Biotechnology and bioengineering

A novel solid-liquid two-phase partitioning bioreactor for the enhanced bioproduction of 3-methylcatechol.

PMID 17461425


The bioproduction of 3-methylcatechol from toluene via Pseudomonas putida MC2 was performed in a solid-liquid two-phase partitioning bioreactor with the intent of increasing yield and productivity over a single-phase system. The solid phase consisted of HYTREL, a thermoplastic polymer that was shown to possess superior affinity for the inhibitory 3-methylcatechol compared to other candidate polymers as well as a number of immiscible organic solvents. Operation of a solid-liquid biotransformation utilizing a 10% (w/w) solid (polymer beads) to liquid phase ratio resulted in the bioproduction of 3-methylcatechol at a rate of 350 mg/L-h, which compares favorably to the single phase productivity of 128 mg/L-h. . HYTREL polymer beads were also reconstituted into polymer sheets, which were placed around the interior circumference of the bioreactor and successfully removed 3-methylcatechol from solution resulting in a rate of 3-methylcatechol production of 343 mg/L-h. Finally, a continuous biotransformation was performed in which culture medium was circulated upwards through an external extraction column containing HYTREL beads. The design maintained sub lethal concentrations of 3-methylcatechol within the bioreactor by absorbing produced 3-methylcatechol into the polymer beads. As 3-methylcatechol concentrations in the aqueous phase approached 500 mg/L the extraction column was replaced (twice) with a fresh column and the process was continued representing a simple and effective approach for the continuous bioproduction of 3-methylcatechol. Recovery of 3-methylcatechol from HYTREL was also achieved by bead desorption into methanol.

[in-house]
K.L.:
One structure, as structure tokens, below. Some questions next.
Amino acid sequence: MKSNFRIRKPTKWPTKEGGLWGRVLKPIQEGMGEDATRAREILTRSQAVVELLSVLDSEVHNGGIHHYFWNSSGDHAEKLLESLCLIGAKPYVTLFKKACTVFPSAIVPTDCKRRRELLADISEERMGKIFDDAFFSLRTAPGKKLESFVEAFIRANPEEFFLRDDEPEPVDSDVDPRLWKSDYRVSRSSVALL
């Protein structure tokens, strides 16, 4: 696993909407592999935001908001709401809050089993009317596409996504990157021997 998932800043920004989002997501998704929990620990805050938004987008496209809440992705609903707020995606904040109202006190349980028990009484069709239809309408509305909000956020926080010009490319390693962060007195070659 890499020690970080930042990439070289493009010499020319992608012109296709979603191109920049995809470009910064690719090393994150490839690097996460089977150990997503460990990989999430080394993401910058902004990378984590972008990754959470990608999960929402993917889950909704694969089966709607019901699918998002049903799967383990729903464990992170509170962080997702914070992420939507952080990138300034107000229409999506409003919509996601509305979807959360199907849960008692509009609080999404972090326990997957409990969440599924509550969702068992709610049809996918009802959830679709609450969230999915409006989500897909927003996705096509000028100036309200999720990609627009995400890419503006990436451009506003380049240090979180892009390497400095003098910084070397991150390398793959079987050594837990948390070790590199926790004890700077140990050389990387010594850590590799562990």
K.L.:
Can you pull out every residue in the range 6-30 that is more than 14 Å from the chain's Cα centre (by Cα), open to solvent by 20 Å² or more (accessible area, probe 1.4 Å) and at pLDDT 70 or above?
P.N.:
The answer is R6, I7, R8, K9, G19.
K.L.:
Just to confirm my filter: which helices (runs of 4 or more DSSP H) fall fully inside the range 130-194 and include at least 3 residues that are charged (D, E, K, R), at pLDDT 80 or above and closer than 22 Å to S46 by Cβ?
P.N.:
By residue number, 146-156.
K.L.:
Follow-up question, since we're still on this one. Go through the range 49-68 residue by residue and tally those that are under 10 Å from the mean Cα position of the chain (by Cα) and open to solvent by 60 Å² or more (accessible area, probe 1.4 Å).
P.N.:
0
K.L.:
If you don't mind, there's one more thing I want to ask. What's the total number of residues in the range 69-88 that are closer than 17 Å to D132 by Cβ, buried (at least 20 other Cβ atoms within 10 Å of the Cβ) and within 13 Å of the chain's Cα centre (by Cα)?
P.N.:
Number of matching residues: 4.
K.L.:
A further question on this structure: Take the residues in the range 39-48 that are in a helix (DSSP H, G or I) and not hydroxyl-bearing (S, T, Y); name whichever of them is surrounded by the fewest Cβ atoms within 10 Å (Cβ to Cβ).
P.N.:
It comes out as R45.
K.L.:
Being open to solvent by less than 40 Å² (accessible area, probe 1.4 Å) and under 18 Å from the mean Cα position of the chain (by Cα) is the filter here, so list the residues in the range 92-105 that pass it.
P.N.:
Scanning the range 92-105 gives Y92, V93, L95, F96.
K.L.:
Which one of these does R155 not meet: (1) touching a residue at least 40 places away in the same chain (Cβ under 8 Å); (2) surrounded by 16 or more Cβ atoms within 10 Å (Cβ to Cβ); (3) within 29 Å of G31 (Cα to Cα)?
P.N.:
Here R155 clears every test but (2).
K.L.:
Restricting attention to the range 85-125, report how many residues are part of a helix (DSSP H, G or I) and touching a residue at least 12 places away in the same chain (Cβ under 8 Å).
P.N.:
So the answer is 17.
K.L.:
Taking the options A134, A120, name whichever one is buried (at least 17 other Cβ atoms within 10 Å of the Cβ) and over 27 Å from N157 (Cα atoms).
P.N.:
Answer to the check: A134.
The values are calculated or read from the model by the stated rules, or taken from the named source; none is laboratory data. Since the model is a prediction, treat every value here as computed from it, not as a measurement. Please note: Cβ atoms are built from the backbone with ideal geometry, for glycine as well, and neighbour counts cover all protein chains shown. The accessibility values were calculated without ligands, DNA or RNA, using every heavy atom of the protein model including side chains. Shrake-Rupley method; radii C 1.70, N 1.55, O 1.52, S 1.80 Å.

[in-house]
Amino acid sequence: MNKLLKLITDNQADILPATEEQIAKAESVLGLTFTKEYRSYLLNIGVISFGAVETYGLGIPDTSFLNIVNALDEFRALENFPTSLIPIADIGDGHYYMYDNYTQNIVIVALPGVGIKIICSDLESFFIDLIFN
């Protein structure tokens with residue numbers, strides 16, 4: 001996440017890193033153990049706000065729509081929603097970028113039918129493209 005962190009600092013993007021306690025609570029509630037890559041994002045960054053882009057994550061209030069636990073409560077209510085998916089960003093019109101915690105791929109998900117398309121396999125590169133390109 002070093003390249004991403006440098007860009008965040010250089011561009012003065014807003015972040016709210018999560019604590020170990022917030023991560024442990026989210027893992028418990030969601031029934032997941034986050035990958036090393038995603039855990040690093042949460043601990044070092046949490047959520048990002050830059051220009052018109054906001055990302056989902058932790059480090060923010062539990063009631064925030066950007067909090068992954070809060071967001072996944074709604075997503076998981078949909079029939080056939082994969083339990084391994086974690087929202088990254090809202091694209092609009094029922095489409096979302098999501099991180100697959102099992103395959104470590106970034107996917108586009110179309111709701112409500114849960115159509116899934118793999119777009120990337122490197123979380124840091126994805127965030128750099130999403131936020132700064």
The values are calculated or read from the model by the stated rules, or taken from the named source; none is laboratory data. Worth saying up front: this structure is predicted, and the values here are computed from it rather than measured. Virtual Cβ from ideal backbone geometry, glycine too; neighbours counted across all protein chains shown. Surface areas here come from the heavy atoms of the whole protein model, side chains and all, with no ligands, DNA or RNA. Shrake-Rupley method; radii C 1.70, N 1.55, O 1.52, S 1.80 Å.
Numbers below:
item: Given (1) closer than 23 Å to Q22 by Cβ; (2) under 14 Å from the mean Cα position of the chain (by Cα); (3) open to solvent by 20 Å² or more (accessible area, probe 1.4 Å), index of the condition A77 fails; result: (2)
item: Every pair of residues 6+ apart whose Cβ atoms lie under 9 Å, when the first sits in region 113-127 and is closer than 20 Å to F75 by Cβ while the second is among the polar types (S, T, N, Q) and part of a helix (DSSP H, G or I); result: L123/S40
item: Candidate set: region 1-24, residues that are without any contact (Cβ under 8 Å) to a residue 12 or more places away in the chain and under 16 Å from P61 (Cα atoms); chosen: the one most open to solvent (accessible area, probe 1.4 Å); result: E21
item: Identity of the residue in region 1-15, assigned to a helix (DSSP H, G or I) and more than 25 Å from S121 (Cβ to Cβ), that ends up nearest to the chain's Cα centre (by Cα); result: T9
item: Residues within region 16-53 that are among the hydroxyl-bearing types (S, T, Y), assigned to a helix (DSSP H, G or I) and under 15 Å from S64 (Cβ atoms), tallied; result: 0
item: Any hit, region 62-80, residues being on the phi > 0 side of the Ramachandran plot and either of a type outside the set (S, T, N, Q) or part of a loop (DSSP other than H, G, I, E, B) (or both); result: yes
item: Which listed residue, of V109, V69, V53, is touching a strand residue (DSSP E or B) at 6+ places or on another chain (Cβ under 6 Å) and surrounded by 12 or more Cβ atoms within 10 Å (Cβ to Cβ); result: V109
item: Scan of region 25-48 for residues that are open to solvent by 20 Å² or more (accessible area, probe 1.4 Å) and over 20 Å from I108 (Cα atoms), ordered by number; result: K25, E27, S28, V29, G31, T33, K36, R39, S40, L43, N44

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3-Methylcatechol, 98%